Review of The Strange Case of Dr Jekyll and Mr Hyde at Scarborough’s S…

Jack Bannell transforms into Hyde in the stage version of Robert Louis Stevenson typical story

The play stopped for a three-day stint at the Stephen Joseph Theatre in Scarborough before heading off across the country.

It has all the trademarks of Mr Lane’s – famed for his magical Christmas productions at the Stephen Joseph – imaginative and inventive stagings.

The book is unarguably a masculine beast – so one of Lane’s surprises is a major female character, Eleanor, who drives Jekyll on in the same way Stevenson’s wife urged her husband to complete the novel.

Nick Lane has additional a few surprises as he brings Dr Jekyll and Mr Hyde to the stage

She is the love interest and a further source of jealousy and friction between Jekyll and his friend fellow doctor Hastings Lanyon.

I am not saying it is a bad thing – I am a purist and love the book and feel most fiercely against the National Theatre’s female-twist on Stevenson’s Treasure Island (Have female pirates and a heroine, no problem – just don’t call it Treasure Island).

Digression and personal preference aside – the invention allows the production to throw already more light on the character of love and passion, good versus evil, science versus character, medical initiative and intervention – and allows for a marvellously macabre final twist.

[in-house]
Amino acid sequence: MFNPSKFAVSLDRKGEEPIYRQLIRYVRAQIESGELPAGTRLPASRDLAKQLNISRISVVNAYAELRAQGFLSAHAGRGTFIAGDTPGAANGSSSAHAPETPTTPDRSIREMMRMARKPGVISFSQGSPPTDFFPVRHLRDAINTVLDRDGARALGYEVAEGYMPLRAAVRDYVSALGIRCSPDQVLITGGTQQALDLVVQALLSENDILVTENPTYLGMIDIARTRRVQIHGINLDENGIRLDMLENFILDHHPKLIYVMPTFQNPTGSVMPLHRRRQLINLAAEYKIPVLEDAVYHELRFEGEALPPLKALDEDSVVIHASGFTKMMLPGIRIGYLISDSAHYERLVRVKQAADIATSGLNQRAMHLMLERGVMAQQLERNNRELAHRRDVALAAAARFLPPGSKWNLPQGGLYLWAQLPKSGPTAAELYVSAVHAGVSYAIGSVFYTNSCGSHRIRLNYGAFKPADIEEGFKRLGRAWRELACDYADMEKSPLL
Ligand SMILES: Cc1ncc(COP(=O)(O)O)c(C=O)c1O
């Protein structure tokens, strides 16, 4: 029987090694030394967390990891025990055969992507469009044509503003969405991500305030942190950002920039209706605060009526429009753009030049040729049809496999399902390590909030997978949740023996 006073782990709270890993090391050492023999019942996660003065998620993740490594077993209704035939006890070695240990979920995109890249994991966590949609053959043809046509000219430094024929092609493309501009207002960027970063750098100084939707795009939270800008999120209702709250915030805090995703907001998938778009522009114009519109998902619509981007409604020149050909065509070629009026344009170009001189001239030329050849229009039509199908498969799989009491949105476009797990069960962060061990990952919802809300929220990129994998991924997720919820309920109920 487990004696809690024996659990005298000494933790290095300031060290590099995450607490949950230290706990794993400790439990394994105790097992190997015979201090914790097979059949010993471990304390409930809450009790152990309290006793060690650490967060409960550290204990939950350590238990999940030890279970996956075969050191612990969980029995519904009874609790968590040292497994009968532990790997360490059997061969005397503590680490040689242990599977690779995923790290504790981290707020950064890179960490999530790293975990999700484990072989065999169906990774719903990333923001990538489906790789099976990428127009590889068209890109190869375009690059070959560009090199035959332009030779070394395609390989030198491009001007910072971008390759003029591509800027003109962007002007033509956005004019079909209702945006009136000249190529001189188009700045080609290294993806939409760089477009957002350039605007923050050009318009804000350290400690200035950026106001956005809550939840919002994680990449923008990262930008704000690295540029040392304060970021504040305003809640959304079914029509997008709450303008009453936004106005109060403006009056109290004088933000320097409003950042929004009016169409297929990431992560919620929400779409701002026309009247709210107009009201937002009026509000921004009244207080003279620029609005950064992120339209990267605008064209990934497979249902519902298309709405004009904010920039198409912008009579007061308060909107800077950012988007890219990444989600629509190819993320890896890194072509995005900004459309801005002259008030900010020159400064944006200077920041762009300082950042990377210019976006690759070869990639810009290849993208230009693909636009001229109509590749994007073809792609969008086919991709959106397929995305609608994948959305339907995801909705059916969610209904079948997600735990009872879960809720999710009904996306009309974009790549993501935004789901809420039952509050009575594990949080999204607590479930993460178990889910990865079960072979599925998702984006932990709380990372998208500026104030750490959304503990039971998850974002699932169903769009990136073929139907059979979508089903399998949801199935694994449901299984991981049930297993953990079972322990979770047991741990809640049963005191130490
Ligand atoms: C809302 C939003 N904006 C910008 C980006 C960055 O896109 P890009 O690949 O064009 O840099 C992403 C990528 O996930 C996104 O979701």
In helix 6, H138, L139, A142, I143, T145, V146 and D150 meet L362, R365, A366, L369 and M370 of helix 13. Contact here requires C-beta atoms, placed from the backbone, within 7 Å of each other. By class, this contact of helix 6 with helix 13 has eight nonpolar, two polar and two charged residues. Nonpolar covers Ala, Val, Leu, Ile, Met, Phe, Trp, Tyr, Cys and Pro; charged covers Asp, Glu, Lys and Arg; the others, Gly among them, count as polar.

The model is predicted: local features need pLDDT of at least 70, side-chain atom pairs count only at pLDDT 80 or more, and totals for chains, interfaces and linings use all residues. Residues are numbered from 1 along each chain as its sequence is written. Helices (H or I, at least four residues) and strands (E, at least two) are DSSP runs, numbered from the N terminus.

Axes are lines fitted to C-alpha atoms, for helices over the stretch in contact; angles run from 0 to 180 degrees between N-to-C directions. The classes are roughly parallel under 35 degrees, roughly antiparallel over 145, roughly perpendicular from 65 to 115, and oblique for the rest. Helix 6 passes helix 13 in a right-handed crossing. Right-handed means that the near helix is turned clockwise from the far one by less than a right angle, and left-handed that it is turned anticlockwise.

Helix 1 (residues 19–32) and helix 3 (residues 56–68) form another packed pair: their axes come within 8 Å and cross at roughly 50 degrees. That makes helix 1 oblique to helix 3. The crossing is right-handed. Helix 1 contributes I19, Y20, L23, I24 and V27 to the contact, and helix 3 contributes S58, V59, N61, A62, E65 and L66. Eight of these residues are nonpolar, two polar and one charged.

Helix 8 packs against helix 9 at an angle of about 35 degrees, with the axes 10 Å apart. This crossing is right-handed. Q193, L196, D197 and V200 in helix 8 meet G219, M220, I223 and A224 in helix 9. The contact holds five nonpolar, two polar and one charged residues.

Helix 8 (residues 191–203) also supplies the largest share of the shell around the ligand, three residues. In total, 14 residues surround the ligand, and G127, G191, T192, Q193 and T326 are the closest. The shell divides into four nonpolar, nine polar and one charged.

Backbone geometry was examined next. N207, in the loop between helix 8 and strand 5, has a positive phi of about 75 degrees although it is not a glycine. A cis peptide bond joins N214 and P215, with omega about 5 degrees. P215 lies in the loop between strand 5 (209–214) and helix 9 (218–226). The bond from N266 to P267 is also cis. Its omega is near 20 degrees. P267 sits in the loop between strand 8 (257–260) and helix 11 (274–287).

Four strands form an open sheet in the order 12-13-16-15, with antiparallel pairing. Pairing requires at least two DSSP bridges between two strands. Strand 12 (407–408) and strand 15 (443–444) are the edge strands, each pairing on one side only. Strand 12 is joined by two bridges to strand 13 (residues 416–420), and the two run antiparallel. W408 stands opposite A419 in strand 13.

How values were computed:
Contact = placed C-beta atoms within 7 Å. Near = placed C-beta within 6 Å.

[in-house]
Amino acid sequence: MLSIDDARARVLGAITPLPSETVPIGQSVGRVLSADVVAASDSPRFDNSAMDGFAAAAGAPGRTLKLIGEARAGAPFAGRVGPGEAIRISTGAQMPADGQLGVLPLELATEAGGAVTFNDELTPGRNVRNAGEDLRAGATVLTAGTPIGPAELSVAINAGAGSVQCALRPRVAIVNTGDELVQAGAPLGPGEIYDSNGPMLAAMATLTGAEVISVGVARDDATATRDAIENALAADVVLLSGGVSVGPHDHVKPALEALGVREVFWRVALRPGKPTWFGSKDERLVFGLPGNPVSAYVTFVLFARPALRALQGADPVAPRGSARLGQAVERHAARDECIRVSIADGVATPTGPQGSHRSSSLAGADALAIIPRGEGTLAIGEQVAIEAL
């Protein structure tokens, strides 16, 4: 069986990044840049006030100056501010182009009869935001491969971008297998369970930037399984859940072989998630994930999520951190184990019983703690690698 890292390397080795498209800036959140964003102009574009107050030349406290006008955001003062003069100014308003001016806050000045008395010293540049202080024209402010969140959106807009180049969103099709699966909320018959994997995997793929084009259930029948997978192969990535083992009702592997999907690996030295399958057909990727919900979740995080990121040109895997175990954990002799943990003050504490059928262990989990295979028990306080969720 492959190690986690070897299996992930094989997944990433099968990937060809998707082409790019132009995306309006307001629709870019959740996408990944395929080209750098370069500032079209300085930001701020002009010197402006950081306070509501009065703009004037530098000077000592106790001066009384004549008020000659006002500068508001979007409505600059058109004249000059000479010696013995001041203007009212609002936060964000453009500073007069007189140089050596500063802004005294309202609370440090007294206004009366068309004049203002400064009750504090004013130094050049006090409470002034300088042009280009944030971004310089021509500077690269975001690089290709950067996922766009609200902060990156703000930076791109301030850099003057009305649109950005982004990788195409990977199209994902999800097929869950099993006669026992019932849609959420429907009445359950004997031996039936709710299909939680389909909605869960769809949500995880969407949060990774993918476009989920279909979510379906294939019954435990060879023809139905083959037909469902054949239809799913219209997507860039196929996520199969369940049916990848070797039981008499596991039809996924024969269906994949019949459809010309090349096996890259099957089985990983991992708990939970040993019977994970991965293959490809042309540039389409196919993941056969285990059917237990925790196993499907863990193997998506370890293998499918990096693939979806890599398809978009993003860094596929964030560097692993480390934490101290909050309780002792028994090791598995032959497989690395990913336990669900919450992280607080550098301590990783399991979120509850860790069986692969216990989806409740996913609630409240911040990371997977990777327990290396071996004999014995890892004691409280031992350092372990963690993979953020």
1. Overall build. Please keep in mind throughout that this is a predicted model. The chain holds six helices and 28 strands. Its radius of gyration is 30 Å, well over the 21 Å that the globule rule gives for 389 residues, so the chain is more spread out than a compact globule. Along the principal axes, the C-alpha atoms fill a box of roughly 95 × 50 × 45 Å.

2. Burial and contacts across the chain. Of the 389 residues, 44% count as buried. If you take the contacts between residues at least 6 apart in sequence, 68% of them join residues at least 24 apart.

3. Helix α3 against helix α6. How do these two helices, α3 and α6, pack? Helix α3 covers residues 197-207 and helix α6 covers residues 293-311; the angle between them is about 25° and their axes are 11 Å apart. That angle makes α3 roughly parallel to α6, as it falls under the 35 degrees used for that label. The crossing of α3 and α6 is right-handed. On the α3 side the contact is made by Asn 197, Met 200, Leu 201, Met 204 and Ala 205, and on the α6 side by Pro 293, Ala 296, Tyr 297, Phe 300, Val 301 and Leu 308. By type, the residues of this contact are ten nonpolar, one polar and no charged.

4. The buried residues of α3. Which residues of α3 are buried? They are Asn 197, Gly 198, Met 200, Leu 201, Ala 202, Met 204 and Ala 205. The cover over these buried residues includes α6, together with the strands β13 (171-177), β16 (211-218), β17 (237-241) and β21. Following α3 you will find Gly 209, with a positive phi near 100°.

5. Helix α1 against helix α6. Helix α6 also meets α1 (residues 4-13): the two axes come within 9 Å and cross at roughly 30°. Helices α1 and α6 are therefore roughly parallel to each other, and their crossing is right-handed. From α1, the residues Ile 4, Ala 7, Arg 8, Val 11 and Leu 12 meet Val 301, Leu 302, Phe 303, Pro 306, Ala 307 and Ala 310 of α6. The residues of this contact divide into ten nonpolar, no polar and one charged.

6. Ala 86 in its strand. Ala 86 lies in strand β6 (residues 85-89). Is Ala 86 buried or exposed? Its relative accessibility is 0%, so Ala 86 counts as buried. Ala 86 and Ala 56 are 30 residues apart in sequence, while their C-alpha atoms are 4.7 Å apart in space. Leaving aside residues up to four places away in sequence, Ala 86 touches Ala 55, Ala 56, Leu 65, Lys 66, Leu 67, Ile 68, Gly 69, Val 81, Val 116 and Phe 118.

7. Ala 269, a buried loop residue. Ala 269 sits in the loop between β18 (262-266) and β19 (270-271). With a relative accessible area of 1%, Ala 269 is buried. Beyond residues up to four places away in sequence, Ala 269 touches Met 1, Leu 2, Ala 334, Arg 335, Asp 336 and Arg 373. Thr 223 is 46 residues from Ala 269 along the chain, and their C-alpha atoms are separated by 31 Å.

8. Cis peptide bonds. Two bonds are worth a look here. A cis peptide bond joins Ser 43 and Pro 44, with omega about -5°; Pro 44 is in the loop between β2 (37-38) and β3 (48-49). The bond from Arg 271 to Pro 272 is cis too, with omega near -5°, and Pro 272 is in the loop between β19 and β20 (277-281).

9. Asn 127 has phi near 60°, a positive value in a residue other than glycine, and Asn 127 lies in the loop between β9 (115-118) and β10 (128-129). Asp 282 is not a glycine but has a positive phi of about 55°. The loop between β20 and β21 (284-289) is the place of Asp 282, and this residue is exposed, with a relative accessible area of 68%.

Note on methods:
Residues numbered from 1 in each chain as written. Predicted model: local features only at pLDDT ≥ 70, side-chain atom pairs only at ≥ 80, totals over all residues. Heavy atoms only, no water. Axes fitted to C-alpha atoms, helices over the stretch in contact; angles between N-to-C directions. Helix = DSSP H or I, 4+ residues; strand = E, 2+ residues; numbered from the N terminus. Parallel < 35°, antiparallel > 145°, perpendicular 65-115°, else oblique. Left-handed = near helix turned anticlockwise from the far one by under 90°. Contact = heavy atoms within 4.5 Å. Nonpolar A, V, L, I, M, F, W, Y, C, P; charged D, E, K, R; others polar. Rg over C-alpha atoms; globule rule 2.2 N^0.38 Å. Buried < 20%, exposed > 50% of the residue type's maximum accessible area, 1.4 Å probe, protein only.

Blackeyed Theatre specialises in production for schools – so the presentation is direct and is designed to illuminate the set-text.

The cast of the stage version of Dr Jekyll and Mr Hyde

The company does this magnificently – with complete command of character and themes.

The cast of four are Jack Bannell as Henry Jekyll/Edward Hyde while Zach Lee, Paige Round and Ashley Sean-Cook play all the other characters. It is an excellent ensemble piece with Bannell’s tortured, tormented, demonic Hyde at its centre.

His transformation from the earnest, sickly Jekyll to the vital, violent Hyde is done with acting skill instead of theatrical tricks – of which there are many.

The production has all the air of the Gothic, Victorian melodrama and is perfect for the winter nights that are fast drawing in.

So is the book – just saying – and surprise what Robert Louis Stevenson would do if he could have a say in an ‘author’s cut’.

The Strange Case of Mr Jekyll and Dr Hyde can be seen at the Stephen Joseph Theatre, Scarborough, on Friday October 1 at 2.30pm and 7.30pm on Saturday October 2.

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